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Ethiopian Prime Minister Vows to Fight Domestic, External Threats

April 7, 2011

Speaking in Amharic, Mr. Meles suggested that his government is aware of attempts to incite a people’s revolution.  He blamed Medrek and its main component, the Unity and Justice for Democracy Party.

He said, “I would like to pass a message to Medrek, and particularly members of [the] Unity [for Justice and Democracy Party].

The Ethiopian leader said his government is not blind and deaf, and warned that anyone who takes part in what he called “the plot being hatched to incite protests and terror” would “pay a price.”

Mr. Meles gave no details about what the plot might entails.  But a campaign on the social networking website Facebook is calling for massive protests next month on the 20th anniversary of the day Mr. Meles’s Tigrayan People’s Revolutionary Front came to power.

Former Ethiopian President Negasso Gidada, who is chairman of the Unity for Democracy and Justice Party, denied any opposition involvement in planning the demonstration.  In a telephone interview, he accused Mr. Meles of trying to suppress public protests by intimidating and demonizing the opposition as well as Ethiopia’s neighbors.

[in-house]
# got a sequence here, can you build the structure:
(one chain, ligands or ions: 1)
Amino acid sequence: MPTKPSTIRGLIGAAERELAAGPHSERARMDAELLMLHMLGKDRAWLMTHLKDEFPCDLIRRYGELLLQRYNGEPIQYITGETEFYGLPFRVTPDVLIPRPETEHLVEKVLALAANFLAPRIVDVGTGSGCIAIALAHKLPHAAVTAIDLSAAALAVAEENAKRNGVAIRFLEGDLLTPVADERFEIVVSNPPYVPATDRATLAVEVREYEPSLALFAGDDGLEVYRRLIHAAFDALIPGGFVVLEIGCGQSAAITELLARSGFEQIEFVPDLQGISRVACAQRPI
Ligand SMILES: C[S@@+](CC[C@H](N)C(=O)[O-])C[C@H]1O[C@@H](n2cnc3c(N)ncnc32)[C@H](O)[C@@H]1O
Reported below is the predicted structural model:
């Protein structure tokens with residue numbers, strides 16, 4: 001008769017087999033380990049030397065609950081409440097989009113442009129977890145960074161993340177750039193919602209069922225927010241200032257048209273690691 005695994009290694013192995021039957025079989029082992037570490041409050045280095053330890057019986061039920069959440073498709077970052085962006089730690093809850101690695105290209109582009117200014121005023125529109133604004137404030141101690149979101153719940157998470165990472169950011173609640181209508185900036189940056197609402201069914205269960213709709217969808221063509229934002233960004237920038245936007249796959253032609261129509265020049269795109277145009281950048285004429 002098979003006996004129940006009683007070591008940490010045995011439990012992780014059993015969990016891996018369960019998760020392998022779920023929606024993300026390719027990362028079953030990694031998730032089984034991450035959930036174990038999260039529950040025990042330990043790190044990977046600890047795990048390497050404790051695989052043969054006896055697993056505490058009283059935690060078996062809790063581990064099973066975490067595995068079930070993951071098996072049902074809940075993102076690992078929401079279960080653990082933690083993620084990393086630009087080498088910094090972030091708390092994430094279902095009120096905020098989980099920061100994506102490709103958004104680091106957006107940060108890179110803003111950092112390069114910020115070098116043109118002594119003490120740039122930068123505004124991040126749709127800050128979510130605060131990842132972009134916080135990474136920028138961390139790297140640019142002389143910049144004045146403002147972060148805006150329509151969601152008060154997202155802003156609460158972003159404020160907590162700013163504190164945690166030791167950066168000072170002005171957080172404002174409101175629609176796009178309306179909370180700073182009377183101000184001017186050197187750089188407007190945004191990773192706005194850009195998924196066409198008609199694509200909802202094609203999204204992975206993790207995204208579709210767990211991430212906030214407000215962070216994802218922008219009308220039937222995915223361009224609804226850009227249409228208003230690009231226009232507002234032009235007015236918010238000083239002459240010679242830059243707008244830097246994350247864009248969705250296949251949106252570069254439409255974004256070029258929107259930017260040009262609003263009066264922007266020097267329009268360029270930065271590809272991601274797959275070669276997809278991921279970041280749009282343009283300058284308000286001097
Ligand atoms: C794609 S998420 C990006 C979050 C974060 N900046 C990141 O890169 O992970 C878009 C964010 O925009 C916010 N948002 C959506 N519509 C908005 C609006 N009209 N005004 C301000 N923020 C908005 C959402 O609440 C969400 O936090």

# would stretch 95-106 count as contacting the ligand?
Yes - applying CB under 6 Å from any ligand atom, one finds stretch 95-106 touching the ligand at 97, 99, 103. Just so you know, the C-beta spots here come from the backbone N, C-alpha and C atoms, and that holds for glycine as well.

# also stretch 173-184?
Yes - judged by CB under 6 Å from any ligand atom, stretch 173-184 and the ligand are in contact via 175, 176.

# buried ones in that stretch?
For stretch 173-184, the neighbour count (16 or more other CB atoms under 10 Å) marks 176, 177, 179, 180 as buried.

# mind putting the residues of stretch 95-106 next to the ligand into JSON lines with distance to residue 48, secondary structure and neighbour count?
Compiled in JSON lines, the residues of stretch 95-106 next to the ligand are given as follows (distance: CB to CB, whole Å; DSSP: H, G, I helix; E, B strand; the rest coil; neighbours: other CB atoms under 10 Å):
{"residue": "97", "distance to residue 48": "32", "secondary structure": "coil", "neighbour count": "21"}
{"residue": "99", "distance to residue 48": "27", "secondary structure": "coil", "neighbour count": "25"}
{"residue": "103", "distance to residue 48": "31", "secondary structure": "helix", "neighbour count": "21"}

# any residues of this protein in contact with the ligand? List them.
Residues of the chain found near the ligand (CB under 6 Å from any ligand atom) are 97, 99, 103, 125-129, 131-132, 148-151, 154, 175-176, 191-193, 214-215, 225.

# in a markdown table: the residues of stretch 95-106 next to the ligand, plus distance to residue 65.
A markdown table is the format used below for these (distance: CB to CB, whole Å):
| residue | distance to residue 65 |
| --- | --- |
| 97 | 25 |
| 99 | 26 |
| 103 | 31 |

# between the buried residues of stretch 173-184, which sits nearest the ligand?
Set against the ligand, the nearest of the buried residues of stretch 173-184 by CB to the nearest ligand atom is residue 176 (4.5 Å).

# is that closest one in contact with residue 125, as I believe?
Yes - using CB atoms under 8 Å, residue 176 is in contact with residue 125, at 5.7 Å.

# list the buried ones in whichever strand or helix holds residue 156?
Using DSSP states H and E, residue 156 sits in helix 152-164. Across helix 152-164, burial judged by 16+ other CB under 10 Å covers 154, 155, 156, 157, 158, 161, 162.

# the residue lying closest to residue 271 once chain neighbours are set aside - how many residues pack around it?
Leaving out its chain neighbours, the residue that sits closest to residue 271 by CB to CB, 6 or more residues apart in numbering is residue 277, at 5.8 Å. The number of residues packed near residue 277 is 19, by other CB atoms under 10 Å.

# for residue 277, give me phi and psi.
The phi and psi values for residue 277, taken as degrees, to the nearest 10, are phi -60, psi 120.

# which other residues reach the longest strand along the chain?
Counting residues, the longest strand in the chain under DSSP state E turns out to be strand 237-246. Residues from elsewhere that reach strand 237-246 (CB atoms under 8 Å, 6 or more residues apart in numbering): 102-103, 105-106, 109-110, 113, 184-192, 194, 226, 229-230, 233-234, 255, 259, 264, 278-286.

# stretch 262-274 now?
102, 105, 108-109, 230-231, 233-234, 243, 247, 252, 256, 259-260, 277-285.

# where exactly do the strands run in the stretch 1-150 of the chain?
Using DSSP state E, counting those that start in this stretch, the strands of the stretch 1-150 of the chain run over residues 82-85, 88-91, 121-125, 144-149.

“We have not been involved in any kind of plot or in any kind of inciting protests and terror at any time, whether it is last week or this week or in the future – particularly not to incite terror.  What he is saying does not apply to us, and it is only for us a threat to have it as a reason to prepare himself and his government to take illegal action against opposition party members,” he said.

In his remarks to lawmakers, Mr. Meles accused two other countries in the region of trying to foment instability.  He charged neighboring Eritrea with backing the Oromo Liberation Front, and he vowed to reciprocate by supporting rebels trying to overthrow Eritrean President Isaias Afewerki.

The Ethiopian leader also said he is not concerned about Egypt’s attempt to block funding for a massive dam to be built on the Nile River.  Mr. Meles vowed last week that the $4.8-billion hydropower project would go ahead as planned, even though no international donor has agreed to provide financing.

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